NARRATOR: MONJUVI (tafasitamab-cxix) is a prescription medicine given with lenalidomide to treat adults with certain types of diffuse large B-cell lymphoma (DLBCL) that has come back (relapsed) or that did not respond to previous treatment (refractory) and who cannot receive a stem cell transplant.

NARRATOR: It is not known if MONJUVI is safe and effective in children.

NARRATOR: The approval of MONJUVI is based on a type of response rate. There is an ongoing study to confirm the clinical benefit of MONJUVI.

MAGGIE: I did come home and go online and look up MONJUVI. There was a lot of information available on the website.

MAGGIE: One of the things I did before I went for my infusion was to write any questions down. I did this on my phone so that I had it available and when I got there, I was able to ask them, so I had everything clear in my mind as to what was going to happen.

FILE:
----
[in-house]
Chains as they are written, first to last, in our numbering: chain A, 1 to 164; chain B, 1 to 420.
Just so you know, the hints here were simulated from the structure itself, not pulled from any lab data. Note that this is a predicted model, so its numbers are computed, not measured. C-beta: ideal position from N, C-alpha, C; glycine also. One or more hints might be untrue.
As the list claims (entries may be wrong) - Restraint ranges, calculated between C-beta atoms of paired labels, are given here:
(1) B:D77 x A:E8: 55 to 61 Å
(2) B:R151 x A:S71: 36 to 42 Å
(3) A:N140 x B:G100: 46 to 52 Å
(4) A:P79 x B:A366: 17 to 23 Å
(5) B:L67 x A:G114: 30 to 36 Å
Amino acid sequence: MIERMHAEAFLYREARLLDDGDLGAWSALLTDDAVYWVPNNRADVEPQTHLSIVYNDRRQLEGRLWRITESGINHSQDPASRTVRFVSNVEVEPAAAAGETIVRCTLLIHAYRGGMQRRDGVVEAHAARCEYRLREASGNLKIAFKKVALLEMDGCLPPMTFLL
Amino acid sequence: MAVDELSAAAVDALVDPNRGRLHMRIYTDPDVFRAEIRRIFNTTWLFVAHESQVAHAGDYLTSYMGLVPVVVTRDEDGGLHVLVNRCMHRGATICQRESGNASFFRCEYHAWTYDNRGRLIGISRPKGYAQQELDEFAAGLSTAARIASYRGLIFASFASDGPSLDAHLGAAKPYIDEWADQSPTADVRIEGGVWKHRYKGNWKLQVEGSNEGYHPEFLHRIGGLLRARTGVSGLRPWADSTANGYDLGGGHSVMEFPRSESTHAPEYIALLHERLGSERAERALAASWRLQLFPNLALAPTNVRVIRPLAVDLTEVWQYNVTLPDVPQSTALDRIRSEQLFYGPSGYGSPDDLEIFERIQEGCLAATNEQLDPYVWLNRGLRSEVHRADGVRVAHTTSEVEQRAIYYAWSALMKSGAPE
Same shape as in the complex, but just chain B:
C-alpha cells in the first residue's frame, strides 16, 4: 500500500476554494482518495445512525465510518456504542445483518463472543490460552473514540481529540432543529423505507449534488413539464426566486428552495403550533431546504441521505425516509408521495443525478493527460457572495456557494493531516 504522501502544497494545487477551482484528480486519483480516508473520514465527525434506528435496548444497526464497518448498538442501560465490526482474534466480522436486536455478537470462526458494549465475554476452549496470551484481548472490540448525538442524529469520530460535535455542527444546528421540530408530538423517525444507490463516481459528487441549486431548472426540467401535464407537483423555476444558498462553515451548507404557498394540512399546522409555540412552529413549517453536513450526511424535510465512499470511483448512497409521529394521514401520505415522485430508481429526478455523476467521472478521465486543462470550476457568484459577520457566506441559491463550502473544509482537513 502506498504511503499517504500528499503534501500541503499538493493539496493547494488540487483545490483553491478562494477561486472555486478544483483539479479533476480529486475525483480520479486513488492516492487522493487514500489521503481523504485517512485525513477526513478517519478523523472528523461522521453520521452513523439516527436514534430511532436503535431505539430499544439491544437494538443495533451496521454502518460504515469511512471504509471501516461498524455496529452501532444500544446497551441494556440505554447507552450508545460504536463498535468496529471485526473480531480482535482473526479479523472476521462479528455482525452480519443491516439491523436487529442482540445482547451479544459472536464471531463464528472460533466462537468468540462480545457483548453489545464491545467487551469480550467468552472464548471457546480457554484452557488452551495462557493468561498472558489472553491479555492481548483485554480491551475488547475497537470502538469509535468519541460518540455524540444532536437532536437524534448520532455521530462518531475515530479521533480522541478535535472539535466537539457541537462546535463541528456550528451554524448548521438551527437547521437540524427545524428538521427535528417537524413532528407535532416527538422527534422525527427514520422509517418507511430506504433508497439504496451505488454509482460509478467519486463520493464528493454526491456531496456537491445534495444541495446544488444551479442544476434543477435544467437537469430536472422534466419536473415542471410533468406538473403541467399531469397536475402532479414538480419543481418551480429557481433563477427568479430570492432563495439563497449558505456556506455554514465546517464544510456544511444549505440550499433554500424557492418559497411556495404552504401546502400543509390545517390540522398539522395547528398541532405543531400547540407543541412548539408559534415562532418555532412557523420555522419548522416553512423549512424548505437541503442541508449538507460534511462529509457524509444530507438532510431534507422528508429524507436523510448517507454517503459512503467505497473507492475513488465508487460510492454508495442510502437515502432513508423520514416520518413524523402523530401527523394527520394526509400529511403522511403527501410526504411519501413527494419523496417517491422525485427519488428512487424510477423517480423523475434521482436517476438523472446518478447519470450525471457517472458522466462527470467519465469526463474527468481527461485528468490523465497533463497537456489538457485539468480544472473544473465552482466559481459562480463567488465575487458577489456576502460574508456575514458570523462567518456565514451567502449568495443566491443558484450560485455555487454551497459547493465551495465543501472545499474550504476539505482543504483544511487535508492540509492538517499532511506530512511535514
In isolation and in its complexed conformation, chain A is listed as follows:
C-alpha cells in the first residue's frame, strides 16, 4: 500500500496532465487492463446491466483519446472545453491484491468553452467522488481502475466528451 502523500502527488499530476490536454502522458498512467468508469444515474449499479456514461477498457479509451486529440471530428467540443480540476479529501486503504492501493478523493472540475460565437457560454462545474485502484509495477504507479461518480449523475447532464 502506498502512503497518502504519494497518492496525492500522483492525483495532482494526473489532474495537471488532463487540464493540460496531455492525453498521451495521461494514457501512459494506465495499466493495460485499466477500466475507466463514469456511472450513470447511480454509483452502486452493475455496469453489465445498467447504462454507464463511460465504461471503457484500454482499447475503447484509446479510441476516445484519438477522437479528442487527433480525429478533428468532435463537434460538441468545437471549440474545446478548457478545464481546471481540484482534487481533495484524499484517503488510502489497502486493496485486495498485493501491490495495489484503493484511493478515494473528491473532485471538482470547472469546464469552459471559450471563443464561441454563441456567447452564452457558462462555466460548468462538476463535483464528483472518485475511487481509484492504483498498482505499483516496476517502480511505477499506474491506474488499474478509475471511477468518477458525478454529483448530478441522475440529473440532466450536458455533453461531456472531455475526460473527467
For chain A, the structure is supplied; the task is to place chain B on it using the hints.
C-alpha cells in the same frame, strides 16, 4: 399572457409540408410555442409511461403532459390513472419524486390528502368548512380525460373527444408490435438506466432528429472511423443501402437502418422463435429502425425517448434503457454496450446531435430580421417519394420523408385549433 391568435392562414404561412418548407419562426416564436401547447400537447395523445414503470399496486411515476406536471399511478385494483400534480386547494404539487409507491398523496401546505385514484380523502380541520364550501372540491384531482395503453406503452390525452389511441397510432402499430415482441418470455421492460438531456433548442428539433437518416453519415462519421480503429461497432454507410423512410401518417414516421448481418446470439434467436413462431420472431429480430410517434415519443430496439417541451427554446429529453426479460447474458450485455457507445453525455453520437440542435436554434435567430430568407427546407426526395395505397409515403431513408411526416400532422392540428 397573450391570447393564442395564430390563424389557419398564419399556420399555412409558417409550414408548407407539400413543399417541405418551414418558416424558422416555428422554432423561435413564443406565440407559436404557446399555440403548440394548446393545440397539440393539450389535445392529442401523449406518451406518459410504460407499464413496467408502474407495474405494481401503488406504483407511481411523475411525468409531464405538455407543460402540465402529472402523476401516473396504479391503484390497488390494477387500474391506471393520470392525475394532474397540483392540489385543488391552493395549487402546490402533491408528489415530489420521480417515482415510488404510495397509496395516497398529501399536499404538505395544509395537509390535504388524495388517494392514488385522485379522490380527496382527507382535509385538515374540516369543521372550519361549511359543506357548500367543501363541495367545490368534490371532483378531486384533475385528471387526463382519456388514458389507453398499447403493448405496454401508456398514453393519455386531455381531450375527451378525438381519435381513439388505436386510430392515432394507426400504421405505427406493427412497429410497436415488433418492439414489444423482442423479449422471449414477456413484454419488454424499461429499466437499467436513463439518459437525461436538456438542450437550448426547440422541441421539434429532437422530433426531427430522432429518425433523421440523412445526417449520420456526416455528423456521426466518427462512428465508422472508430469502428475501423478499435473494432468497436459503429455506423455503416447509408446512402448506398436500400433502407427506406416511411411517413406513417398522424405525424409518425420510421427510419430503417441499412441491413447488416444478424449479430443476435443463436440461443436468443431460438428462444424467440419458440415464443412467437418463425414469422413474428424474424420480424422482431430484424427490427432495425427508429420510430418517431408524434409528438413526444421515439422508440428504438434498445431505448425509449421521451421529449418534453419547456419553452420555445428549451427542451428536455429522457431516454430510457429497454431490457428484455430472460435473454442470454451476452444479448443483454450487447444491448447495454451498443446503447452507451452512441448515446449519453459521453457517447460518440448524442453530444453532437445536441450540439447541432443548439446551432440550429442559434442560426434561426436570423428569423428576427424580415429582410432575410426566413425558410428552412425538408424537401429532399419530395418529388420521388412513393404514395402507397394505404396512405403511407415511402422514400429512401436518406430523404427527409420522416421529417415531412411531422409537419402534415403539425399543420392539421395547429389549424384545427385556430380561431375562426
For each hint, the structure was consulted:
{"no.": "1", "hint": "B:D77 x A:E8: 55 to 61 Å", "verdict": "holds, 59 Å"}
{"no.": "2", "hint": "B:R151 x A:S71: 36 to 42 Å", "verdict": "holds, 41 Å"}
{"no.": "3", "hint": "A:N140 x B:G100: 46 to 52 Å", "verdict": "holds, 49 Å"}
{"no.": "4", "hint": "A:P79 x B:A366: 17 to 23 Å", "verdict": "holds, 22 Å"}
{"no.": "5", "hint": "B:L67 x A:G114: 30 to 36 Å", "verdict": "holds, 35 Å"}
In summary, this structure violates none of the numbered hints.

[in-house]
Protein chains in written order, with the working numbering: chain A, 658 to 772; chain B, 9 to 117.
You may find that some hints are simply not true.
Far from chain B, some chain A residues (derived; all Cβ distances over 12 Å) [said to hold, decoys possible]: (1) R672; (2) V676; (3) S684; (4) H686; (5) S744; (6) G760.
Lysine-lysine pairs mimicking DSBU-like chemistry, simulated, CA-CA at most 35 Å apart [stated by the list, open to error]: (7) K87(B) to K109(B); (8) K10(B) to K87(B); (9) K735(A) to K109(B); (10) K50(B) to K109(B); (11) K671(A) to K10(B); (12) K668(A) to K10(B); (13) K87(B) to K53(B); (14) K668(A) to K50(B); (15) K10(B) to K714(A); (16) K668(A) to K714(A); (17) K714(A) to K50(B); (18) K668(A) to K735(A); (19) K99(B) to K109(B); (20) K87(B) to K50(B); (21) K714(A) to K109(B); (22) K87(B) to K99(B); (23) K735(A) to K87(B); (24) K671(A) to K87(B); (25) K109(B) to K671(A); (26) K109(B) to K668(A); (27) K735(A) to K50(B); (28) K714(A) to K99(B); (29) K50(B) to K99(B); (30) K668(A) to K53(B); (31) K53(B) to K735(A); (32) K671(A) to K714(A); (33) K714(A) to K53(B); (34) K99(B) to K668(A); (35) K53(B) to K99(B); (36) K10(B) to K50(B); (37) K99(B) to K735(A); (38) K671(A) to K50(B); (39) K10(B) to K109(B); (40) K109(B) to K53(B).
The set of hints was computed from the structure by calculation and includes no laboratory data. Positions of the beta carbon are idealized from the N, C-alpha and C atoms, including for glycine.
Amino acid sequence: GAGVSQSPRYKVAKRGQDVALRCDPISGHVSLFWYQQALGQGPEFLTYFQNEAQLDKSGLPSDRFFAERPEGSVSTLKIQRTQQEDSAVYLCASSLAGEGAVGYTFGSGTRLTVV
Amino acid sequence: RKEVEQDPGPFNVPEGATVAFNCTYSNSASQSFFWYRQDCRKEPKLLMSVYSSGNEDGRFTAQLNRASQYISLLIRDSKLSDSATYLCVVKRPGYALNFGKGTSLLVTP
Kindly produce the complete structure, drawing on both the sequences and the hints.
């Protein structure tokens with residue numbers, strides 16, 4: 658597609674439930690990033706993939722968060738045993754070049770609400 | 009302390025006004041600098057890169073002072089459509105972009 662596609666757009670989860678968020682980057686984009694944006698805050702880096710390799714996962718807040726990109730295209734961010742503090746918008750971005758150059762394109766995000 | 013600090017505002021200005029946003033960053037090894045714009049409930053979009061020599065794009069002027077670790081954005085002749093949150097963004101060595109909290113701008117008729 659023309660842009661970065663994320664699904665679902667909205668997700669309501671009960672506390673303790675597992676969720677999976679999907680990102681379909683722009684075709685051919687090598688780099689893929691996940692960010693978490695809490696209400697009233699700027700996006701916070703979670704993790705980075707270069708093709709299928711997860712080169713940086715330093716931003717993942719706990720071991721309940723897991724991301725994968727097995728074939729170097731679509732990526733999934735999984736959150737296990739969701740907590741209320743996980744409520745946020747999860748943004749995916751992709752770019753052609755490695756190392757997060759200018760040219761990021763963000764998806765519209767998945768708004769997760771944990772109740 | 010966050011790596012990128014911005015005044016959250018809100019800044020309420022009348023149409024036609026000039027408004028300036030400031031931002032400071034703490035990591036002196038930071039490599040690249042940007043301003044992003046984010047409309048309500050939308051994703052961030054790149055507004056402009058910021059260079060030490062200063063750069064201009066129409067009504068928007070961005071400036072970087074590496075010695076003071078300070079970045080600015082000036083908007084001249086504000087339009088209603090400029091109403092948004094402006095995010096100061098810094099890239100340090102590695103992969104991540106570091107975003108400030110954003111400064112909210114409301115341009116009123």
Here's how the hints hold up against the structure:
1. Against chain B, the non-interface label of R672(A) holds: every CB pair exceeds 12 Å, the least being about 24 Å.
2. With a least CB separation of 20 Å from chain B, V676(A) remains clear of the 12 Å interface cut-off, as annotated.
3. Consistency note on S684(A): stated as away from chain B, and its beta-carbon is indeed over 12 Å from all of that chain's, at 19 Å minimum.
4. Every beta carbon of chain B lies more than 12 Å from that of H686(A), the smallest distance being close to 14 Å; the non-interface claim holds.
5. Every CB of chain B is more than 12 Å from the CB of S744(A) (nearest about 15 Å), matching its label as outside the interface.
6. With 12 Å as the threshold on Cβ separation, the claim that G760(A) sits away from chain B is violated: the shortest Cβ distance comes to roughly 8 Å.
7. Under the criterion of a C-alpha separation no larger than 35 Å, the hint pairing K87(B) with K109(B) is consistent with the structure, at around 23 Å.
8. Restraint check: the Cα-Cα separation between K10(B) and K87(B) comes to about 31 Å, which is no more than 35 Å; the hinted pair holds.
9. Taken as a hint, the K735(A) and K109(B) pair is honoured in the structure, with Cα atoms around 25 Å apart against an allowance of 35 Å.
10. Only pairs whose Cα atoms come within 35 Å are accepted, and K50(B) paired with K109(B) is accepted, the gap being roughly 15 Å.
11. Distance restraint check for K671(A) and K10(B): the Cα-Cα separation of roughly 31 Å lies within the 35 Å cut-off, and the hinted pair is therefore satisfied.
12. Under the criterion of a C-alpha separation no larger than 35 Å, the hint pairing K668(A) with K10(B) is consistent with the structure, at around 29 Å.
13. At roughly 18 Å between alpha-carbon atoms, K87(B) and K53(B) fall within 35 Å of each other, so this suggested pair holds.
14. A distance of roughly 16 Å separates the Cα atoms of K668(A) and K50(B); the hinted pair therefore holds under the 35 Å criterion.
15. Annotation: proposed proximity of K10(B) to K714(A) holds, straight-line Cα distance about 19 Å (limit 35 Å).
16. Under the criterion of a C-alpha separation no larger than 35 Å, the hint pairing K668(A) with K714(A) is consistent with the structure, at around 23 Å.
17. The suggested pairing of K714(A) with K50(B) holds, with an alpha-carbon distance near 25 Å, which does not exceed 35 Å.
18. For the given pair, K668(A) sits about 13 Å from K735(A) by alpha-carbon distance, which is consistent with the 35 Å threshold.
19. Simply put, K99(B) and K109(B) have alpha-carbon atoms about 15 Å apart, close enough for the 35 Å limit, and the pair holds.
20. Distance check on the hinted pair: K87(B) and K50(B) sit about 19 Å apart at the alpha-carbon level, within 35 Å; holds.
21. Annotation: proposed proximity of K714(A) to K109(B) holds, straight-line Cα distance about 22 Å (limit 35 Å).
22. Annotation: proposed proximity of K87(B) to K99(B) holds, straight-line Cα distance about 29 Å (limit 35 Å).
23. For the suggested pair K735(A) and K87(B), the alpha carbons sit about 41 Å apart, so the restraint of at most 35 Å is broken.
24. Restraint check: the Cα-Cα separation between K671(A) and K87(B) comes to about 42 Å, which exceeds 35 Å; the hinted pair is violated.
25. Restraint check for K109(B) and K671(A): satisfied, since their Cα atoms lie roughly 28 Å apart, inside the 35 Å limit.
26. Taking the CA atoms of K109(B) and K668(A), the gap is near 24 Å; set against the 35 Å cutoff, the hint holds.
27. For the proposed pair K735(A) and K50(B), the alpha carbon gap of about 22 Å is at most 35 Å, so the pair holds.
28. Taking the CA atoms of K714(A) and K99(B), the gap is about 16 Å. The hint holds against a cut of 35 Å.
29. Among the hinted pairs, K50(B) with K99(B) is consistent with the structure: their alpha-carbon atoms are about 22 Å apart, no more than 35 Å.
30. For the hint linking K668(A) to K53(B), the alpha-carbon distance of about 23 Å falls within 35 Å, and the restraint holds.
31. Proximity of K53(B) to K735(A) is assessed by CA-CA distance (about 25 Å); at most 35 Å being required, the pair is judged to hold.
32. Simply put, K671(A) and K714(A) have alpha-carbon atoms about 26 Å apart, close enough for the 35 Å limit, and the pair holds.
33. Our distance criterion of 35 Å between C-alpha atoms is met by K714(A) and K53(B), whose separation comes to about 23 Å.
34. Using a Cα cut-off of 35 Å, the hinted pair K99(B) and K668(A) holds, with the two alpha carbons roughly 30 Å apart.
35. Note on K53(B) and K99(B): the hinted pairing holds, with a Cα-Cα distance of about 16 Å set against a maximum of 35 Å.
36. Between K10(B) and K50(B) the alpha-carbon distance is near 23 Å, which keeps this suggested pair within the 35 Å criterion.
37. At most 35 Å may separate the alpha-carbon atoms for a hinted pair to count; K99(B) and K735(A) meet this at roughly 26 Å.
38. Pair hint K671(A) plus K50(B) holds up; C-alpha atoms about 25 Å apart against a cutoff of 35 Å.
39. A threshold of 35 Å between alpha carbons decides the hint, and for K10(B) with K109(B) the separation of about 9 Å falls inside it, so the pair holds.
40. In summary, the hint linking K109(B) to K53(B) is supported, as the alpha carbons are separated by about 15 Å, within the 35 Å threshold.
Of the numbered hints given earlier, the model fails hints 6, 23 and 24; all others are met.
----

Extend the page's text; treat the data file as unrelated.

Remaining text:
MAGGIE: With the treatment of MONJUVI, I would go to the local hospital to have an IV infusion and I would take medicine by mouth at home.

MAGGIE: The nurse would hook me up for my infusion and it would take a while for it to run. And while that was running, I would either watch television that they had there, or I would read because I love to read.

MAGGIE: The nurses did explain that there could be side effects with the MONJUVI. I was just to be aware of them and they did explain what they were.

Important Safety Information

NARRATOR: Important information I should know, including possible side effects, about MONJUVI:

NARRATOR: MONJUVI may cause serious side effects, including infusion-related reactions, low blood cell counts, and infections.